Once in a while a game comes along which, on the surface, has much to dislike; yet at the same time demands and merits at least the tiniest hints of appreciation. PlayStation All-Stars Battle Royale (or PSASBR – pronounced Pissasbur – as Sony’s multiplayer scrapper is becoming warmly known here at BRB) is a tricky game to love or hate, sitting somewhere in the middle. Appropriately, it’s a visually grey game, straddling so many contradicting styles and universes that the end result is ‘something’, a game packed with a variety of characters but lacking in real character itself.
• Developer: SuperBot Entertainment, Bluepoint Games
• Publisher: Sony Computer Entertainment
• Previewed on: PlayStation 3, PlayStation Vita
• Release Date: November 2012
Whether fighting inside Chop-Chop Master Onion’s dojo in the Parappa stage or rebounding off one another on the planet of Metropolis (a la Ratchet & Clank), something is never absolutely right when seeing PSASBR in motion. Lining Fat Princess up alongside the flame-headed Sweet Tooth and sending Killzone‘s uncomfortably generic Colonel Radec into battle against the elfen-eared Jak looks odd. Shoehorning the chunky, flappy-mouthed Buzz into the background of the muted palette of the LittleBigPlanet stage, which inventively changes backdrops level elements using the Pop-It lasso, is the worst offender in a game already renowned for its identity crisis.
However, look past the visual clashes – oh God, the endless visual clashes – and you’ll find that PSASBR offers up solid, if unexceptional square-offs. Each character is primed for lighter, faster attacks as well as slower, more damaging ones. Most matches are spent hammering into one another from close range, occasionally backing off for a third ranged attack – think Kratos’ bow and arrow, or Nathan Drake’s RPG. Multiple levels of special attack can be charged up and unleashed to obliterate the competition; most kills and least deaths earns the biggest score and wins. Everything is functional. It works. Which is fine.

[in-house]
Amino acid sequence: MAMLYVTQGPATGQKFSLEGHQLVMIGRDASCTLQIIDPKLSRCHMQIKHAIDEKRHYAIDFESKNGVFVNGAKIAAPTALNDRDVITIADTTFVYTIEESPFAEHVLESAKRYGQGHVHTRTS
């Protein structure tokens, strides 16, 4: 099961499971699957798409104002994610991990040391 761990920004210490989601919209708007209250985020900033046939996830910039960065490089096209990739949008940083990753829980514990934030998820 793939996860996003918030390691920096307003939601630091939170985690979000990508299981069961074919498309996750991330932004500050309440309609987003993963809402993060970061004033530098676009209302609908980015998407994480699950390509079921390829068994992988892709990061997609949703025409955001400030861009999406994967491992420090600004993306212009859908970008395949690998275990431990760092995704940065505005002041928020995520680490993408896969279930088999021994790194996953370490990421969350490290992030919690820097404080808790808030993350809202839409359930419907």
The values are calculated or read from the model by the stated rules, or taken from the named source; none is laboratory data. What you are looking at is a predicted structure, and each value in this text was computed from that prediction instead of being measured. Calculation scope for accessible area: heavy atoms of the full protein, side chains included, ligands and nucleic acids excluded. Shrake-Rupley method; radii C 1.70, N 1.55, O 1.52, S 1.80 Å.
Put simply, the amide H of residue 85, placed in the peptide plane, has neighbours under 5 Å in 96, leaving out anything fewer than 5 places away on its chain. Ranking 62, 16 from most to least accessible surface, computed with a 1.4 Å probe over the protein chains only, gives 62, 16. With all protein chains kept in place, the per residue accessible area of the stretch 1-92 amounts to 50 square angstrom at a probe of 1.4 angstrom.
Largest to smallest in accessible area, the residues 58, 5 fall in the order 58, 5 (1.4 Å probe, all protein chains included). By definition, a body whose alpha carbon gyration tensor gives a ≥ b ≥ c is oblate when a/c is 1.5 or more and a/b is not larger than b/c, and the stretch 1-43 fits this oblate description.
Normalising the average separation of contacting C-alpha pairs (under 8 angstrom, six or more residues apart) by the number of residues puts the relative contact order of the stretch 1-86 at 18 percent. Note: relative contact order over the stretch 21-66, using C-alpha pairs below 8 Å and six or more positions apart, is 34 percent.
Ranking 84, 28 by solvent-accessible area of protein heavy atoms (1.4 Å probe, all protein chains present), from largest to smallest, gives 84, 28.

Also fine – finer than fine – is a genuine sense of balance across the roster. Heavier characters like Bioshock‘s Big Daddy move characteristically slow when both walking and attacking, but deal big damage when up close. Natural-born fighters such as Kratos deal in furious melee attacks much in the same way as Jak fires ranged weapons – pretty damn effectively. That the game works across PS Vita and PS3 during multiplayer is great, too, with all who buy one copy of the game receiving the other for free.
PSASBR is Marmite. It will appeal to some and disgust others, but at its core it is a solid, unremarkable game, a mixed palette of Technicolour glory and warzone browns and blacks. It lacks the refinement and consistency of that other console-exclusive multiplayer scrapper, but that it’s at least fun and does things right is commendable. Play it with your eyes shut.